Flooding infrastructure operating as result of Cyclone Gabrielle

Key pieces of flood infrastructure are set to operate as rainfall from Cyclone Gabrielle moves through waterways across the Horizons Region.

Horizons Regional Council incident controller Craig Grant says much of the forecast rain has fallen across the region, although there will still be occasional heavy showers.
“A lot of our catchments have peaked and water is moving through them. The Ākitio, Wainui and Owahanga rivers in Tararua are all dropping, while the Pohangina and Ōroua rivers have peaked. The Rangitīkei River at Mangaweka is also dropping.
“The Kopane spillway started operating on Tuesday afternoon. This occurs when the Ōroua River gets to a certain level, with water diverted through drainage networks and into farmland on the Taonui Basin. The spillway is designed to work this way and landowners are contacted beforehand.”
“Makino floodgates are not required to operate at this stage, but an operation of the Moutoa floodgates (between Foxton and Shannon) is likely to take place about 7pm Tuesday.

“Opening Moutoa floodgates earlier would have little benefit on the upper reaches of the system, as the water still flows down the catchment in that direction. We also need a certain level of water before we can open the floodgates to ensure the water flushes through. We expect the Manawatū River to stay within its channel until the gates are opened, at which point water will also flow through the Moutoa spillway.
“Water may still be seen overtopping stopbanks in certain parts of the region, which is different from a stopbank breach. It is not unusual for water to be seen outside of the main river channel during significant weather events.”

Mr Grant says a helicopter was used on Tuesday afternoon to survey impacted parts of the region, such as Tararua and Pohangina.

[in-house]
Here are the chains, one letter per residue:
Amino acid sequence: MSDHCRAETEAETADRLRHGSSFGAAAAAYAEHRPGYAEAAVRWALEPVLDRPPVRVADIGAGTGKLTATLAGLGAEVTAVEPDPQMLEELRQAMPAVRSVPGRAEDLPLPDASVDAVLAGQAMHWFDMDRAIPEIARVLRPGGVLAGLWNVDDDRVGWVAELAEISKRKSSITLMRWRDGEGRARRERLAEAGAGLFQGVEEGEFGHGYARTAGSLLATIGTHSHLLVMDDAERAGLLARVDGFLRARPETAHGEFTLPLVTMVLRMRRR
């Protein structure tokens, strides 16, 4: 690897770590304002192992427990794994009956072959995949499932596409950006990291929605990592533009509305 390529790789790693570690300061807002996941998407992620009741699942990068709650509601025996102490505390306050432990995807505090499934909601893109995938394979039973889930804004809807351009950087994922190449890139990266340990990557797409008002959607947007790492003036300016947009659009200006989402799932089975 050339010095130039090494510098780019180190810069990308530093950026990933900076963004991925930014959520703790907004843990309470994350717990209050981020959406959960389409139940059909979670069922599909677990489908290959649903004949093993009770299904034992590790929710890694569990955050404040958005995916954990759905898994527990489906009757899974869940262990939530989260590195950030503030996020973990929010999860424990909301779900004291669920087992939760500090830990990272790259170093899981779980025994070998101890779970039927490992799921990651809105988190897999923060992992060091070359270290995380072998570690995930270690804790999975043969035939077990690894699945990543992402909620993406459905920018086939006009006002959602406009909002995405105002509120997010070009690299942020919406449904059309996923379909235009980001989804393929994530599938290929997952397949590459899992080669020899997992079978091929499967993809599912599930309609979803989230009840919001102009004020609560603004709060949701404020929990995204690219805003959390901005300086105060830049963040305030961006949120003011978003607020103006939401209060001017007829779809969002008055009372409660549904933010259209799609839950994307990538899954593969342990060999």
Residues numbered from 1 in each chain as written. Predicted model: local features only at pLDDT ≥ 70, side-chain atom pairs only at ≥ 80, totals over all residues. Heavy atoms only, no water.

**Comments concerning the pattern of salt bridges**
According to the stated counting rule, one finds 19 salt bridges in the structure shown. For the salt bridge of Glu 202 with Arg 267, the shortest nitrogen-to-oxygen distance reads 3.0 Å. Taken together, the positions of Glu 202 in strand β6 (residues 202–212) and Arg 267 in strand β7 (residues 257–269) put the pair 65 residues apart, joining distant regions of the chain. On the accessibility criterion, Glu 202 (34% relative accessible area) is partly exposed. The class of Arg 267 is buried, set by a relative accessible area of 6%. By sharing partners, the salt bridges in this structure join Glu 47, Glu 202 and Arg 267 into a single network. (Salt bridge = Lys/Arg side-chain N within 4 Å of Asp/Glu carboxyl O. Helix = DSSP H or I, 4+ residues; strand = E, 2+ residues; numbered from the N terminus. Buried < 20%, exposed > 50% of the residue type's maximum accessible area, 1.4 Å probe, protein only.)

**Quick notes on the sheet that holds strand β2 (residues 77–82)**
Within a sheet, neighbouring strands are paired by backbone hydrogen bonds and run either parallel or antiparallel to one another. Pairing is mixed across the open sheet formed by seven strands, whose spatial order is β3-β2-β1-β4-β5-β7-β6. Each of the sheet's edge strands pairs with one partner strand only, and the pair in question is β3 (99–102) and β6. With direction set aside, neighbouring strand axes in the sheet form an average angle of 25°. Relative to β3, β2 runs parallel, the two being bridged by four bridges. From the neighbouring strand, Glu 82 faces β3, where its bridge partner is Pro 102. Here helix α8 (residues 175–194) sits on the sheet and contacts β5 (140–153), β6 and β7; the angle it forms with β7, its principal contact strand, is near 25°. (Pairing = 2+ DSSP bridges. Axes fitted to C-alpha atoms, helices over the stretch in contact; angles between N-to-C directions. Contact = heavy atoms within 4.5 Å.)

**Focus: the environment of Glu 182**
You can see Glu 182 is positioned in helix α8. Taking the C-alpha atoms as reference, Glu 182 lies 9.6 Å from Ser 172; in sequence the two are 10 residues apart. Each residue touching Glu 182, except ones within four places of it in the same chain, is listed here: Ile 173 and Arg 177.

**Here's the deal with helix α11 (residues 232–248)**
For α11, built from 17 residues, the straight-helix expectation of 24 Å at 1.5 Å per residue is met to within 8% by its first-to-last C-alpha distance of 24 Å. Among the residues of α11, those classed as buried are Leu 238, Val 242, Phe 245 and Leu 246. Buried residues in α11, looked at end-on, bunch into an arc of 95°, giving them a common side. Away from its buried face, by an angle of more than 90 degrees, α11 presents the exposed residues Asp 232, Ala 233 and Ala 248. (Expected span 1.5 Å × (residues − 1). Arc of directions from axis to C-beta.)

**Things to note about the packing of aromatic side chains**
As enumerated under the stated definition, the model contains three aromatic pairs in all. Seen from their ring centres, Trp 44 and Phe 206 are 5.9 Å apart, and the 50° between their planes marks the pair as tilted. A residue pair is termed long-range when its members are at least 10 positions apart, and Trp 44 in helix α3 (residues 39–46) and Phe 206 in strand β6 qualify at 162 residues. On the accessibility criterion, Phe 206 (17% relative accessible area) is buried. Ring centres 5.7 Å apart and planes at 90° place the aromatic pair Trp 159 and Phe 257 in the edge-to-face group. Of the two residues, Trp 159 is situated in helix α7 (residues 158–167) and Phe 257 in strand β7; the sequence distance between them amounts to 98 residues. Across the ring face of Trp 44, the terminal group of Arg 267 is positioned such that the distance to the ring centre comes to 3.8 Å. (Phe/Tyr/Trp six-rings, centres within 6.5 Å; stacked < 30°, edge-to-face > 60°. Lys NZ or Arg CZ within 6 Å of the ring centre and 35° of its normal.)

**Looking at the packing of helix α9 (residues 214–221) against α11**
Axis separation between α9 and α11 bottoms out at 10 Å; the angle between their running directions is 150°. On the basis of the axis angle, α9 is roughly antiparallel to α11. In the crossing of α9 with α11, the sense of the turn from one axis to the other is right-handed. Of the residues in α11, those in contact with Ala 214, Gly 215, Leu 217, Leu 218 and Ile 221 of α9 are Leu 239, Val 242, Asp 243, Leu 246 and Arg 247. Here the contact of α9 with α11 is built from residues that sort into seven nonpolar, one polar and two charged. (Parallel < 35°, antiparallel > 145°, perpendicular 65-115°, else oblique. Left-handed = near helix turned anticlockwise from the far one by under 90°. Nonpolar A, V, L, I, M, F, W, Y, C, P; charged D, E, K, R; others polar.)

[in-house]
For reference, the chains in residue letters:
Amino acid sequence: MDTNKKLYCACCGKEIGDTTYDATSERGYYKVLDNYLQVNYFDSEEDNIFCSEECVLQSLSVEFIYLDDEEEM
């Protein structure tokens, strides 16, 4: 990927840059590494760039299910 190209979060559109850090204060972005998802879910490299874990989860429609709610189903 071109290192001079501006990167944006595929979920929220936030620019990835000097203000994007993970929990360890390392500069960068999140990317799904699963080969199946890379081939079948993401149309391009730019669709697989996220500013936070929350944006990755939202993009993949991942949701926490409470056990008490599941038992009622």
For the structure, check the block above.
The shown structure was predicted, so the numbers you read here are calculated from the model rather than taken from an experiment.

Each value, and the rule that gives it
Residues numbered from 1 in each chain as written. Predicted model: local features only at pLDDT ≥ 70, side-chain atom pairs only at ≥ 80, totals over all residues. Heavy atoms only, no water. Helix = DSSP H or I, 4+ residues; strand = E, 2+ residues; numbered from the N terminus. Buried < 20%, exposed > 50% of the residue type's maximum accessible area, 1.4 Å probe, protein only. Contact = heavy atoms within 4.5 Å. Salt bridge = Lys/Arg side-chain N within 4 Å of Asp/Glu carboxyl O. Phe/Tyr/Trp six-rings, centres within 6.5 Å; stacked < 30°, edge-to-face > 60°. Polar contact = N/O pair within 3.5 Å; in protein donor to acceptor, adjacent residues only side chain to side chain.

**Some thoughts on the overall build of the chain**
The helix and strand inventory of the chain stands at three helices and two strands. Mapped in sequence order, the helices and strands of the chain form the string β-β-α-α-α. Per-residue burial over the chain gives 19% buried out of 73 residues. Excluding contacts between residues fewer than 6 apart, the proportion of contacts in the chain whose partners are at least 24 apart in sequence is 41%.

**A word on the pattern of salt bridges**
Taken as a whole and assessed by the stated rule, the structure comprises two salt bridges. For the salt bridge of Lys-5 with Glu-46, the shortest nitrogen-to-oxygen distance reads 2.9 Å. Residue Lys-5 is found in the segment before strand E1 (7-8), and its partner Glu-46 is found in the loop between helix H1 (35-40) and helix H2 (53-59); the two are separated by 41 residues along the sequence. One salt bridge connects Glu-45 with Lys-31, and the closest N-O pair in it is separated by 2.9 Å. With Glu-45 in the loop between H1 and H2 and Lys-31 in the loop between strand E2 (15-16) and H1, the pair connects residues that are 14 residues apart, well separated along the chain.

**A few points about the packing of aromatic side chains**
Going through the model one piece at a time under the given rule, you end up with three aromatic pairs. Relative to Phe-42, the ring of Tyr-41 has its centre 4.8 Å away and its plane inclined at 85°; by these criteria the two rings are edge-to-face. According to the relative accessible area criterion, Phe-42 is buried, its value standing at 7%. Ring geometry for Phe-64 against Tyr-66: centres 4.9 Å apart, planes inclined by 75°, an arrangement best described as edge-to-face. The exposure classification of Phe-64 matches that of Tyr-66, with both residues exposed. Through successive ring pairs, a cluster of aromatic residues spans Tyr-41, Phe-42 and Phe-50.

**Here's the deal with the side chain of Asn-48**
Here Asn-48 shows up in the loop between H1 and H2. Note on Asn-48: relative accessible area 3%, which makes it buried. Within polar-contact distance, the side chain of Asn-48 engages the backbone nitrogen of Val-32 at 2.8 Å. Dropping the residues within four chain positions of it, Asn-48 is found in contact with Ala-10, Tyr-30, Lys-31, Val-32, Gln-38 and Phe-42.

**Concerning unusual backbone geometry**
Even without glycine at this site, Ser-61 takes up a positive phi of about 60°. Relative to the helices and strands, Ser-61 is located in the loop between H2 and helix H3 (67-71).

“The flight gave us valuable information about the extent of the flooding. This is a significant event, and people in some parts of the region will feel it is similar to the 2004 flood event.”

“We continue to work with Palmerston North City Council to ensure people are kept informed about the small risk at Te Matai Road, where work was being done to prevent erosion. We plan to closely monitor the site throughout the night.
There are extensive road closures throughout the region, including washed-out bridges, so people should avoid travel as much as possible, says Mr Grant.

“People should check with their city or district council for local road closures and Waka Kotahi for state highway information. We are aware of misinformation regarding state highway closures, but Waka Kotahi has told us they expect roads between Palmerston North and Whanganui to remain open.”
Up-to-date information on river heights and rainfall is available via Horizons 24-hour toll-free Waterline 0508 4 FLOOD or via our website www.horizons.govt.nz.
Updates will also be posted to the Manawatū-Whanganui Civil Defence page: https://www.facebook.com/civildefencemanawatuwhanganui/
For weather forecasting information please see www.metservice.co.nz. For road closures, delays, and warnings please see https://www.journeys.nzta.govt.nz/manawatu-whanganui/
For sandbag and evacuation information please contact your local city or district council and stay tuned to your local radio stations for another option for civil defence updates.